Thursday, February 21, 2013

How Much Does Losing an Experience QB Hurt?

An experienced QB brings much value to a team.  A lot of that value is in the intangibles, but some of it can be directly measured.

I looked at all teams from 2007-2012 who replaced a QB with 2 or more years of significant playing time, defined as greater than 100 pass attempts per year, with a QB who did not have that amount of experience.  In most, but not all, cases, this is the same as replacing a multi-year starter with a new QB.

I did not consider the school class (FR-SR) of the new QB, and because of my definition of significant experience, it does not include all possible QB replacement situations.

As measurement space I looked at the average Offensive Yards Per Game with the experienced QB and the same statistic the following year with a new QB.

Overall, what I found was that teams experienced a decline in YPG approximately 60% of the time, with an overall average decline in YPG of approximately 4%.  The amount of decline varies dramatically when I consider the average YPG of the team and the number of years of experience the QB to replaced had.

This chart breaks out the changes by years of experience.  Points on the graph further from the center line indicate a greater change in absolute YPG (not percent).  Points above the line indicate years that the YPG increased with the new QB, points below indicate a decrease. 

Of note to Nebraska fans, who will be enjoying the services of Taylor Martinez as a 4th year starter in 2013, the probability of a team which must replace a 4-year starter experiencing a decline in YPG is about 70%, with an average decline in YPG of almost 16%.  

In 2012 Nebraska had an average offensive YPG of 460 which ranked 26th in the country.  Assuming a similar number for 2013, Nebraska should expect a decline in YPG in 2014 of .112 (.70 x .16), or 51 YPG.  This year, 409 YPG was good for 55th in the country.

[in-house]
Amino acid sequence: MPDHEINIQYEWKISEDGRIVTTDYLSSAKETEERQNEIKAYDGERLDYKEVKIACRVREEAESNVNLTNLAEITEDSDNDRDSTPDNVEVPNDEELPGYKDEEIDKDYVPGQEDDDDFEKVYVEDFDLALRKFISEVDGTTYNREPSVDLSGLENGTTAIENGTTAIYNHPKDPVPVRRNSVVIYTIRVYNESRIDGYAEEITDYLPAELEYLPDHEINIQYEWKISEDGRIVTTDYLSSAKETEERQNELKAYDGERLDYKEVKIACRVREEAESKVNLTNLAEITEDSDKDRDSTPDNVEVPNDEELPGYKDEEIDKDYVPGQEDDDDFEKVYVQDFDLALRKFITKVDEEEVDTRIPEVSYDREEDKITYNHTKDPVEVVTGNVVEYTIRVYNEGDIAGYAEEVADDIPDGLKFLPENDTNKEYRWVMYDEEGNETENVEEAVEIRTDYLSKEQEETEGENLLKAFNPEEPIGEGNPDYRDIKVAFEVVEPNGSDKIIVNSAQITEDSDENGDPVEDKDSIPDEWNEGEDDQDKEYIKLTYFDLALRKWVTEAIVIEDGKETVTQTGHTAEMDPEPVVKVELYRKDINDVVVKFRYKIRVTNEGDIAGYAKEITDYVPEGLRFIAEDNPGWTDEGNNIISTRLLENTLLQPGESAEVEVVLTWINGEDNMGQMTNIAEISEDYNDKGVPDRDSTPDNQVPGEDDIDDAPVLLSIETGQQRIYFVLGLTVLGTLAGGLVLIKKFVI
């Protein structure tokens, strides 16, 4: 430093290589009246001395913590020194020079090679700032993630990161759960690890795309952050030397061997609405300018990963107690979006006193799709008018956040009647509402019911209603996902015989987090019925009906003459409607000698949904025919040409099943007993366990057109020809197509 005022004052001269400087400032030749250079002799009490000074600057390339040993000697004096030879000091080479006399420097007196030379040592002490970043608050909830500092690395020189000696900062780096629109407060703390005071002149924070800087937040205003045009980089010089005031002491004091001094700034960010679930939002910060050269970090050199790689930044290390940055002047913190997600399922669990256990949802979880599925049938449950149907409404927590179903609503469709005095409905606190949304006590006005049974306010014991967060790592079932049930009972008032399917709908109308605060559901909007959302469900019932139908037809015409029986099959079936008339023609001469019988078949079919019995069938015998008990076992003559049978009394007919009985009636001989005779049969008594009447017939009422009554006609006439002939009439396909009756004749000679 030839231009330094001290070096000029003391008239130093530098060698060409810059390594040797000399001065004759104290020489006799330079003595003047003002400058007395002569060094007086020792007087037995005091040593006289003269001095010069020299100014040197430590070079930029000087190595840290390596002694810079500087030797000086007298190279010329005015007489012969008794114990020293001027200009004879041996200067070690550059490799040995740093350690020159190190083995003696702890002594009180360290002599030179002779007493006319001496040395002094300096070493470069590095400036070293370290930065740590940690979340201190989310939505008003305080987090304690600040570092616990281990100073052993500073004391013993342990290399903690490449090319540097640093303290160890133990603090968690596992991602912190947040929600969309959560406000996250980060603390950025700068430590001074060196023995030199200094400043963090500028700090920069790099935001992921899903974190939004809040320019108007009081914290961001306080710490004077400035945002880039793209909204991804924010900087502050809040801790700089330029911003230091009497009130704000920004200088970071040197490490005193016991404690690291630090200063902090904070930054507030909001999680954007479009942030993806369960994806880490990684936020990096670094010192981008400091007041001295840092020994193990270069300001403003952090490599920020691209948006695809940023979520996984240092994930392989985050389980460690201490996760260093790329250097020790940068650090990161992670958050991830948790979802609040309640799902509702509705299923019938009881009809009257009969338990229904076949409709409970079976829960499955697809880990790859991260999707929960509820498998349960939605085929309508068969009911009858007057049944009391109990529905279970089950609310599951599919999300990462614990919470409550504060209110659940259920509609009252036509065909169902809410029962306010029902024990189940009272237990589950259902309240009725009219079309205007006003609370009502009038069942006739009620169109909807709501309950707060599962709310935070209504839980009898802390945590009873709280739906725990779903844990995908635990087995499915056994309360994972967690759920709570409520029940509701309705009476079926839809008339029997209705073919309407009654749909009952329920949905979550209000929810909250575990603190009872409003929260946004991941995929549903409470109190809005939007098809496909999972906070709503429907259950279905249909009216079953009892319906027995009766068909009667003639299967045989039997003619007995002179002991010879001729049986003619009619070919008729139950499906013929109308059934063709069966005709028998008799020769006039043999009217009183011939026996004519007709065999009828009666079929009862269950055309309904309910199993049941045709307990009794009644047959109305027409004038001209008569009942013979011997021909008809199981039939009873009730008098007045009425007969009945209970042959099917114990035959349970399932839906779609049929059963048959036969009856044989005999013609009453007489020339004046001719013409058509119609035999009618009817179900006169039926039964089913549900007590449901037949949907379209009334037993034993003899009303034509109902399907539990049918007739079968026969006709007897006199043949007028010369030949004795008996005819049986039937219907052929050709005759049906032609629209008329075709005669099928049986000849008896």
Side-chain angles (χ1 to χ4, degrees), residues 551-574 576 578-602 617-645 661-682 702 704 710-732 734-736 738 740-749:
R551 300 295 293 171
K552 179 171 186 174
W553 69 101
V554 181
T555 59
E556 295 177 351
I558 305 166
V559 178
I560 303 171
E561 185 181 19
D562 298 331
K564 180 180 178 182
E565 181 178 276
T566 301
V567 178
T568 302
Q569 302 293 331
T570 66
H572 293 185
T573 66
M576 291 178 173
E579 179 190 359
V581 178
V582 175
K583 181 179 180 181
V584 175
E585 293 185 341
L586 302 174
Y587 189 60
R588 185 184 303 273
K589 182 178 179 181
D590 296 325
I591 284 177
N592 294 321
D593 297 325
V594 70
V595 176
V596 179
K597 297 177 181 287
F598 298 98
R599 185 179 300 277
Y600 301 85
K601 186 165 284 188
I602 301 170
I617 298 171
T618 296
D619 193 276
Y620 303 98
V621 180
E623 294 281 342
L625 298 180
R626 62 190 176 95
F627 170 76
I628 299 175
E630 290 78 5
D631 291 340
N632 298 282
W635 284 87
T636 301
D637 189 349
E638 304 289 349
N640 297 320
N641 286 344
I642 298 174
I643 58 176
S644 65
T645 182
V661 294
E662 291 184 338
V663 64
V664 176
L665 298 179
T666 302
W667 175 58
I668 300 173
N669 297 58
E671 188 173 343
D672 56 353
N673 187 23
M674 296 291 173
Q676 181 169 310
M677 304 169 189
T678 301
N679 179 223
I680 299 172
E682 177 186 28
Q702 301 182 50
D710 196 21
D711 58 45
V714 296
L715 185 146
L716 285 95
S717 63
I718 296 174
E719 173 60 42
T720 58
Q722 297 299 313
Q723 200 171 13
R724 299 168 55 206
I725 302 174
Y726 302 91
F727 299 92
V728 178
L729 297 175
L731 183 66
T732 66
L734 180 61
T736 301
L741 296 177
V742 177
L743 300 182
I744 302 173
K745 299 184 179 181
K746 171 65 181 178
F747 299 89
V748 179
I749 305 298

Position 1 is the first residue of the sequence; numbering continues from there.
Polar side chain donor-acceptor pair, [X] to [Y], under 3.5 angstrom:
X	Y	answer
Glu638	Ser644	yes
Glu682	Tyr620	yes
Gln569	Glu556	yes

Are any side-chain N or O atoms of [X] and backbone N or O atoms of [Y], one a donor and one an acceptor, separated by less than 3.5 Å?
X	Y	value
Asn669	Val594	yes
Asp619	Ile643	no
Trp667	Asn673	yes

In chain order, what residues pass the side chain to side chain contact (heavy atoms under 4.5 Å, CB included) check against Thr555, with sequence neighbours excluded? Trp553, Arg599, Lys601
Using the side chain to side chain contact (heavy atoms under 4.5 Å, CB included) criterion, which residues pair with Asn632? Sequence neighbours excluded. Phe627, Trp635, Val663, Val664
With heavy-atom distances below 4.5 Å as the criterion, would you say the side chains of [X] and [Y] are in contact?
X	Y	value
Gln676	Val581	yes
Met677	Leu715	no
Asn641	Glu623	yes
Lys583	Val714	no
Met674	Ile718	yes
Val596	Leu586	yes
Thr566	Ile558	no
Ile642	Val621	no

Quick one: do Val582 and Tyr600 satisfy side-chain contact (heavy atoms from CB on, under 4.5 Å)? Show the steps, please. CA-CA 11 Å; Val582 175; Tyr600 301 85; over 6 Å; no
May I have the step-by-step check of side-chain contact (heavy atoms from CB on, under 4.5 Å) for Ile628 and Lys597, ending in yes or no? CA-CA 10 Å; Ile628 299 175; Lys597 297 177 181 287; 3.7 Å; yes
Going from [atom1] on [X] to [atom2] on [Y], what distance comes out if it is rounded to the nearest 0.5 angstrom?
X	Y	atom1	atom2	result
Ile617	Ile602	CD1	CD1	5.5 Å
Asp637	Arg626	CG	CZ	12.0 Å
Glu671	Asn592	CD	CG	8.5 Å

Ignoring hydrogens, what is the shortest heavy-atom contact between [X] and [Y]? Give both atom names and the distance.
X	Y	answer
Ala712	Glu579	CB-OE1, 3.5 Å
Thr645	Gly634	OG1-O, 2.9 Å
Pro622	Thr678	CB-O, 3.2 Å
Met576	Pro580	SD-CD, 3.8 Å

When I group the average YPG into bins of 50 YPG, and don't consider the number of years of experience at QB that NU has to replace, NU falls into the 450-500 YPG bin.  Looking at the data this way, NU has a 22% probability of remaining in the same YPG bin, a 28% probability of falling to 400-450 YPG, 33% probability of falling to 350-400 YPG, and an 11% probability of falling to 300-350 YPG.  All is not lost, however.  There is a 6% probability of actually improving to greater than 500 YPG.

(note that the 72% probability of decrease in this model is almost the same as the 70% probability of decrease in the first)

There are many factors that I didn't consider in this.  For instance, I didn't consider the number of years that the replacement QB was the understudy, or how much game time the replacement had if he didn't reach the 100 pass atts threshold.  All of this could impact the results.  

In NU's case, however, I believe it would make the situation bleaker.  It would be a difficult case to make that Coach Pelini has done a good job of getting his backup QBs significant experience.  So, if this were considered for other teams, NU's backups lack of experience would likely make the probabilities of an offensive decline even greater than they already are.

What can be done?  Coach Pelini must get his backups as much experience as possible.  An offensive dropoff may be inevitable, but getting the backup as much real game experience as possible may make the difference between a decline of 5% and 20%. 

No comments:

Post a Comment